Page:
But the Redskins may continue to make deals throughout the weekend.
"Well, let me say this, the chances of trading up might be a little slimmer than trading down, but at the same time, you've got to have somebody to trade with, and I don't think you go into it saying, 'I'm going to trade down,'" Williams said. "And we're not trying to recoup the third-round pick. I just said we had the best third-round pick in the draft, that third-round with Alex. I think at the same time, we've got phones that are in that room, if they ring, you've got guys calling all the time and want to know, 'Do you want to come up or do you want to go back?' But it all depends on who's there when they're calling you. They don't just call you to ask you.
"There might be a player that they want at that particular time that they're afraid that somebody else is going to pick and they might call you to ask you, 'Do you want to move back?' But we would have to call somebody to say we want to move up."
Williams added that the Redskins may have been more inclined to move from the No. 13 pick had they not solidified the quarterback position.
"At this point, I think where we are, if we [weren't] in the quarterback business, which that's what this league is all about, if we [were] in the heavy quarterback business, we'd talk about moving up, but at this time, we just sit back and find out what's going to come to us if we stay at 13," Williams said. "But if we move back, it's because somebody called us to ask do we want to move back."
4. Drafting a running back is still a considerable option for the Redskins if the right player is available.
Since the beginning of the NFL Combine, Williams has expressed that the Redskins would add another running back to the unit. After a season in which nearly the entire running back depth chart suffered an injury – even those who replaced starters – acquiring more depth and another explosive option in the backfield seems to be a priority.
That feeling hasn't changed as the Redskins approach the NFL Draft this week. Of course, finding the right one might be challenging depending on how the first round unfolds. Williams still believes in the team's current group but knows if the right back becomes available, his confidence in the roster won't prevent him from strengthening it.
"I feel pretty good about the running backs," Williams said. "We didn't do exactly the way we wanted to, and, yes, everybody wants to upgrade. We want to upgrade everywhere we could. Running back is place that we always say we need a little more help. But if everybody is healthy and these guys coming back… [Samaje] Perine for his second year, Rob Kelley healthy and Chris Thompson is by far the guy that we need to be healthy to make this a great corps of running backs. But at the same time, if during the draft there's a player that we feel like can come in and plug in who's going to help us, we have no problem with that."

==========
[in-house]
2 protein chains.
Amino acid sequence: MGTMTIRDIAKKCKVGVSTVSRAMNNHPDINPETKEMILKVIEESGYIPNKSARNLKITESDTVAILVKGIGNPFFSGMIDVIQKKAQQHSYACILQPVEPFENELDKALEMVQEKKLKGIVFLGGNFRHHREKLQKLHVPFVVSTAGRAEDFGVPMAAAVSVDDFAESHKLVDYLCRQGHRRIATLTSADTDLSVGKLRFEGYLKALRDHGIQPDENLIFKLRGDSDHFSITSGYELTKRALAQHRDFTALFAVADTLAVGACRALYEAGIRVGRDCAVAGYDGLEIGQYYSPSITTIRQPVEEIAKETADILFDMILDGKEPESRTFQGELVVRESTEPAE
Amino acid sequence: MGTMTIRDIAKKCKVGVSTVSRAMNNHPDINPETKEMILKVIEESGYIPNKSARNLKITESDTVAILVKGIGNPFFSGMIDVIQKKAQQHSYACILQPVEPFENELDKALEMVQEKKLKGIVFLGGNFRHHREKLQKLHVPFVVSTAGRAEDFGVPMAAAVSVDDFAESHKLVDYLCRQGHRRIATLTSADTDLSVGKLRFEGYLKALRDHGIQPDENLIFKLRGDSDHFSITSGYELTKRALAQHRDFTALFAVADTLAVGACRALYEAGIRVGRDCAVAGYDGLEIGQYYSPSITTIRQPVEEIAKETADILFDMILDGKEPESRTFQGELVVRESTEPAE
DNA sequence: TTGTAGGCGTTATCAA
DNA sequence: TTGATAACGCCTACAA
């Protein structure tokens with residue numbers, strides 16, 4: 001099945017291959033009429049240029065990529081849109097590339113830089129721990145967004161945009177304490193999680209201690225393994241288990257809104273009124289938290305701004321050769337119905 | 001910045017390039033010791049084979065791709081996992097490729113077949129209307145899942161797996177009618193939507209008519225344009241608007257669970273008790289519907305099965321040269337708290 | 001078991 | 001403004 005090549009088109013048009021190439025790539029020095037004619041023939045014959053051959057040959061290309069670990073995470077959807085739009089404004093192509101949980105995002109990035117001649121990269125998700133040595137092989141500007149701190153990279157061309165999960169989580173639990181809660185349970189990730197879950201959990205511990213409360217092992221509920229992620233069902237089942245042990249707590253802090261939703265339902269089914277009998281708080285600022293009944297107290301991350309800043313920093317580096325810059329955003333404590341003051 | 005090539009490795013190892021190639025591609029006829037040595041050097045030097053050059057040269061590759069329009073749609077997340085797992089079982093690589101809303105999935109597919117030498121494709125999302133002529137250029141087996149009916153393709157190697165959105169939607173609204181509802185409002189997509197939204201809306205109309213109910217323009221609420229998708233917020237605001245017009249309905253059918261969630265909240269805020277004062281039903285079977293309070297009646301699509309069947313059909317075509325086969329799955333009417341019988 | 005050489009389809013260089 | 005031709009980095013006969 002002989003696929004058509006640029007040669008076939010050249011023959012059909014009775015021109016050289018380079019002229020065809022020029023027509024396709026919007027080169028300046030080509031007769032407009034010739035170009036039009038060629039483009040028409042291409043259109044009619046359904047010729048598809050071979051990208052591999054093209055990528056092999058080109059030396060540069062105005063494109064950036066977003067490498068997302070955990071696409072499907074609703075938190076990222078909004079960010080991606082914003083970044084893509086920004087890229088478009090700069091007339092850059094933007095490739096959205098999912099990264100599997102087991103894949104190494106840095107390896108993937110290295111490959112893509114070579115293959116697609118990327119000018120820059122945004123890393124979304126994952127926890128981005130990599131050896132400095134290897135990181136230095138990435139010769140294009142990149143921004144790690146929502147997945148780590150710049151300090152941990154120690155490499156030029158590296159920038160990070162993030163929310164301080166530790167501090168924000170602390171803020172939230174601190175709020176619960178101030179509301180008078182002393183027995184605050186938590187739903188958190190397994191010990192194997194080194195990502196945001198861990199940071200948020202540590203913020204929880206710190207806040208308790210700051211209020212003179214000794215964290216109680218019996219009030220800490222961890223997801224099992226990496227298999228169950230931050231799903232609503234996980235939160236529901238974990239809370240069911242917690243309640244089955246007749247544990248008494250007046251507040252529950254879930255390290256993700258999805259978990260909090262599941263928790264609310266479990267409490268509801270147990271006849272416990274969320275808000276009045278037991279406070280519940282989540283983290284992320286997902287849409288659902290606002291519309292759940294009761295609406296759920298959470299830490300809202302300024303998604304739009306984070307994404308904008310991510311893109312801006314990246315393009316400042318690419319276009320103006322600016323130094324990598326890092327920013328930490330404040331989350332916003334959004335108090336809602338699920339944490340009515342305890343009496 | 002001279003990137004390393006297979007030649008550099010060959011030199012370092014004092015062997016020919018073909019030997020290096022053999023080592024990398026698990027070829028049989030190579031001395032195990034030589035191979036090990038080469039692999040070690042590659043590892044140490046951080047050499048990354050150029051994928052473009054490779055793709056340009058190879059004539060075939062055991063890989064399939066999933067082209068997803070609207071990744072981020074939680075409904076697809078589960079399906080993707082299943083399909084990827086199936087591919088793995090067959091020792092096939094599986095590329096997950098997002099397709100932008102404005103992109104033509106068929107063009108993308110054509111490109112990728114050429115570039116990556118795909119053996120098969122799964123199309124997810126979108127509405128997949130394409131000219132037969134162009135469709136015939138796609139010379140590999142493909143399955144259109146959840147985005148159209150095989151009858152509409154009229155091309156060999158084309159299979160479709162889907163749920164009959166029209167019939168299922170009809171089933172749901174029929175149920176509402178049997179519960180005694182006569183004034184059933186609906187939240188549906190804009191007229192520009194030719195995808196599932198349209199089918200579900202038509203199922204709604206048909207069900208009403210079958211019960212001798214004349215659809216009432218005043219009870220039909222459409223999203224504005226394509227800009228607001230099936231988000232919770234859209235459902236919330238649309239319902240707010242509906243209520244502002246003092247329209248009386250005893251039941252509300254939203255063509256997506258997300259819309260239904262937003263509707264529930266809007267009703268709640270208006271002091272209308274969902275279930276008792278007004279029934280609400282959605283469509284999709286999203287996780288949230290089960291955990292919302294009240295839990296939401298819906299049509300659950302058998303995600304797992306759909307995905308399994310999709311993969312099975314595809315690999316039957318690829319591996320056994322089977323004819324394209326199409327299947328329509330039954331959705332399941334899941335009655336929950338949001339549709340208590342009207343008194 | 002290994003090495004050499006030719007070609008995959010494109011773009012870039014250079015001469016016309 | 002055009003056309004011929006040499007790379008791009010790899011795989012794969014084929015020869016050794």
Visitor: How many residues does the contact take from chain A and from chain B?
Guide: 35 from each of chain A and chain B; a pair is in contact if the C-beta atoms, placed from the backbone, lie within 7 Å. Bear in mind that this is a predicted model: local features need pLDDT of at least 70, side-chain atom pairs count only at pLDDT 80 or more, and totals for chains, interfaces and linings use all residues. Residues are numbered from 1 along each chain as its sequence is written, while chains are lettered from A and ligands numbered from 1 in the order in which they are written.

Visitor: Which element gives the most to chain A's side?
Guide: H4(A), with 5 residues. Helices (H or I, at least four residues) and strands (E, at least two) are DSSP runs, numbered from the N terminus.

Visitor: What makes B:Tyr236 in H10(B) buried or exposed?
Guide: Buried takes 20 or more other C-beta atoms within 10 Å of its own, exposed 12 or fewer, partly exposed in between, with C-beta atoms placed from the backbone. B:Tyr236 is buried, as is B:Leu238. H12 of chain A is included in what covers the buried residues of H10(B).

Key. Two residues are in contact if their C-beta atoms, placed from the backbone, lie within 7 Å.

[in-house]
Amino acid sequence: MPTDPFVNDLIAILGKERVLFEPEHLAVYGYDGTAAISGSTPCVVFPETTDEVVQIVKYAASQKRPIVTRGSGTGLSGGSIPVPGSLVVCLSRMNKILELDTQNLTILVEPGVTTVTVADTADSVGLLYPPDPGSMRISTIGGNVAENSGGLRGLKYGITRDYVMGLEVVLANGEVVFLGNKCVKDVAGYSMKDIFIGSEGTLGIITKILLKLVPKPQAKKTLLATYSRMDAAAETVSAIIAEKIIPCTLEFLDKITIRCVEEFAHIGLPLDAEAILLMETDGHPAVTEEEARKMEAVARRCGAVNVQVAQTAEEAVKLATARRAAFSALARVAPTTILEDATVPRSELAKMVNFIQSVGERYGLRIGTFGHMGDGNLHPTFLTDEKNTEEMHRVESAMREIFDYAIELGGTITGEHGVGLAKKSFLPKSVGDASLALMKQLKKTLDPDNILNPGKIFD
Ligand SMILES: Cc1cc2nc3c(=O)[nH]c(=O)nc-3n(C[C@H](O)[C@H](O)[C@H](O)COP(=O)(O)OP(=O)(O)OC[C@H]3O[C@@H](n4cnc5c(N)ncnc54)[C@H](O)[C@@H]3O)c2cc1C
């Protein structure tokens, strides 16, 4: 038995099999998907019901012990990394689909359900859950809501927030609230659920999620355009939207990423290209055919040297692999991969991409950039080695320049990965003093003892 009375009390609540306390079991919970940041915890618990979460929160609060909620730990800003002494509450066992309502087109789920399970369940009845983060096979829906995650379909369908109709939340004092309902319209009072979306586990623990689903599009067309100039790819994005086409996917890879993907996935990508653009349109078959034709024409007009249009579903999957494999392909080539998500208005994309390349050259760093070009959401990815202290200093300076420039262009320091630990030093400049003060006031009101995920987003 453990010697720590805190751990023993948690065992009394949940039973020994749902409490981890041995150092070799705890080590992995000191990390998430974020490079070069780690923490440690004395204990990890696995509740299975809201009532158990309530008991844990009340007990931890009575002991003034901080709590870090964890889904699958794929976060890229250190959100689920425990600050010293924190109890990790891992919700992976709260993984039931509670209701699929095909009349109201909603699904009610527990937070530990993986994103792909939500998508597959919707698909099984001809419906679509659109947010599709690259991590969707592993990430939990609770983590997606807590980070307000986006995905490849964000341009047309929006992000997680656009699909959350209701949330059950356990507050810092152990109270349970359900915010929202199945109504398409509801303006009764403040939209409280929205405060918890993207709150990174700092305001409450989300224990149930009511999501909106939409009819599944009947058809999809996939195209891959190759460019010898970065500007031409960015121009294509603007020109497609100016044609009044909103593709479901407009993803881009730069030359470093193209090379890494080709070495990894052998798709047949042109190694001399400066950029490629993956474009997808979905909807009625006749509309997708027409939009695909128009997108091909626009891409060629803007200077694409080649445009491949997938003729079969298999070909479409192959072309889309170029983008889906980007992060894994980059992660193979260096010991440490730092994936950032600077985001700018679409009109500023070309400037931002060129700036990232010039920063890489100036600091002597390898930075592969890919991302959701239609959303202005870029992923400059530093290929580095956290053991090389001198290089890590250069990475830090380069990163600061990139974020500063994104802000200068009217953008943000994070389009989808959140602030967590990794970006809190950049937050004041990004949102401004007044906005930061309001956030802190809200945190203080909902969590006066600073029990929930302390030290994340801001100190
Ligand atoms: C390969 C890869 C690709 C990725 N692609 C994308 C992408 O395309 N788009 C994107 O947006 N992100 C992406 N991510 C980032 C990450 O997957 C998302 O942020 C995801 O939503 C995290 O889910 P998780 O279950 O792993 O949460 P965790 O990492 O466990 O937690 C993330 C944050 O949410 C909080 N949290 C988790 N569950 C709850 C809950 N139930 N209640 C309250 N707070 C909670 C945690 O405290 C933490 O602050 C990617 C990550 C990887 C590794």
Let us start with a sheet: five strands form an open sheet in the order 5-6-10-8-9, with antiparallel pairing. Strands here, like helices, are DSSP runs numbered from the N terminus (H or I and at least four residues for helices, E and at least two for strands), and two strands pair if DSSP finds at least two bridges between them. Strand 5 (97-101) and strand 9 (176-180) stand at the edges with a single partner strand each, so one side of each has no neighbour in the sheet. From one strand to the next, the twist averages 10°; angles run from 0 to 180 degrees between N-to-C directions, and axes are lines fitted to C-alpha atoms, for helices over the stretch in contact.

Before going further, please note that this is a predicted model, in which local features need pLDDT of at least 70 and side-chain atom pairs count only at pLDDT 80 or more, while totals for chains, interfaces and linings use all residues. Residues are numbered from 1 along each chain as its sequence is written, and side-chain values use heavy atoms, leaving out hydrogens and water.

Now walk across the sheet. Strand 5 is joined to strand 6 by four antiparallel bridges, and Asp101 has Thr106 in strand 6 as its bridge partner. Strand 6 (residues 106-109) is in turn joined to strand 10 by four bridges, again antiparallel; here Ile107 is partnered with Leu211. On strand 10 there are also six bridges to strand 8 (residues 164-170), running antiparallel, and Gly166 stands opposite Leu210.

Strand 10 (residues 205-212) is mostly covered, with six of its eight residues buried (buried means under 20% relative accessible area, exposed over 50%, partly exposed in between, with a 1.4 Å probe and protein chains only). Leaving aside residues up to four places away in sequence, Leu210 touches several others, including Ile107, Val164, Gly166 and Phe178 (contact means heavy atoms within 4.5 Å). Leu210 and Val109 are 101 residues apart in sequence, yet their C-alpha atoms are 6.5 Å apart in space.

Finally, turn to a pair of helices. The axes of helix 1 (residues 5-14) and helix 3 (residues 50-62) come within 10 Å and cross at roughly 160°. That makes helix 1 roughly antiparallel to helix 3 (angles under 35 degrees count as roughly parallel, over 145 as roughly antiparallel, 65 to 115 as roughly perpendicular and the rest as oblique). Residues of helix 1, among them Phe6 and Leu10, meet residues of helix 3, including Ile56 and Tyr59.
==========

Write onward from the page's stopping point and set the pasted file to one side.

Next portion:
The scenarios throughout the course of Thursday night could vary drastically. Williams remembered last year as a prime example, with the Redskins taking Jonathan Allen at No. 17 when he was expected to be selected in the Top-10.
"When you're in that seat at 13, number one, you sit there and you just watch the draft as it goes. And you've got your guys that you'd like to have. You've got about six or seven guys on that board that you're hoping is there when you get there. If you lose one, you put another one up. If you lose another one, you put another one up, so when you get to your turn, you know, a couple minutes out, what have you, you sit there and you have your little pow wow and you come up with the player that you're going to pick out of that group."
5. The Redskins like how the depth shakes out currently at the tight end position.
While there's a few high-end prospects at the position this year, Williams said the team has three tight ends they can rely on during the 2018 season.
That starts with Pro Bowler Jordan Reed, who missed 10 games last season with various injuries and didn't look quite right in the six games that he played.
When Reed was absent last year, Vernon Davis stepped in to remain productive despite being in his 12th season. In total, Davis recorded 43 receptions for 648 yards and three touchdowns.
And while Niles Paul departed in free agency to join the Jacksonville Jaguars, the Redskins have confidence that Jeremy Sprinkle can take a step up in production in 2018.
"Vernon is the best looking 34-year-old you've ever seen on a football field, let me say that," Williams said. "But, no, we've got Sprinkle from last year and we feel good about where Jordan Reed is as far as his health. I think he's going to be a lot better this year than he was last year.
"Him being in the building and talking to him, he feels the same way. He's confident that he's going to be ready to go. Like you say, he's one of the best in the business in this league at what he does."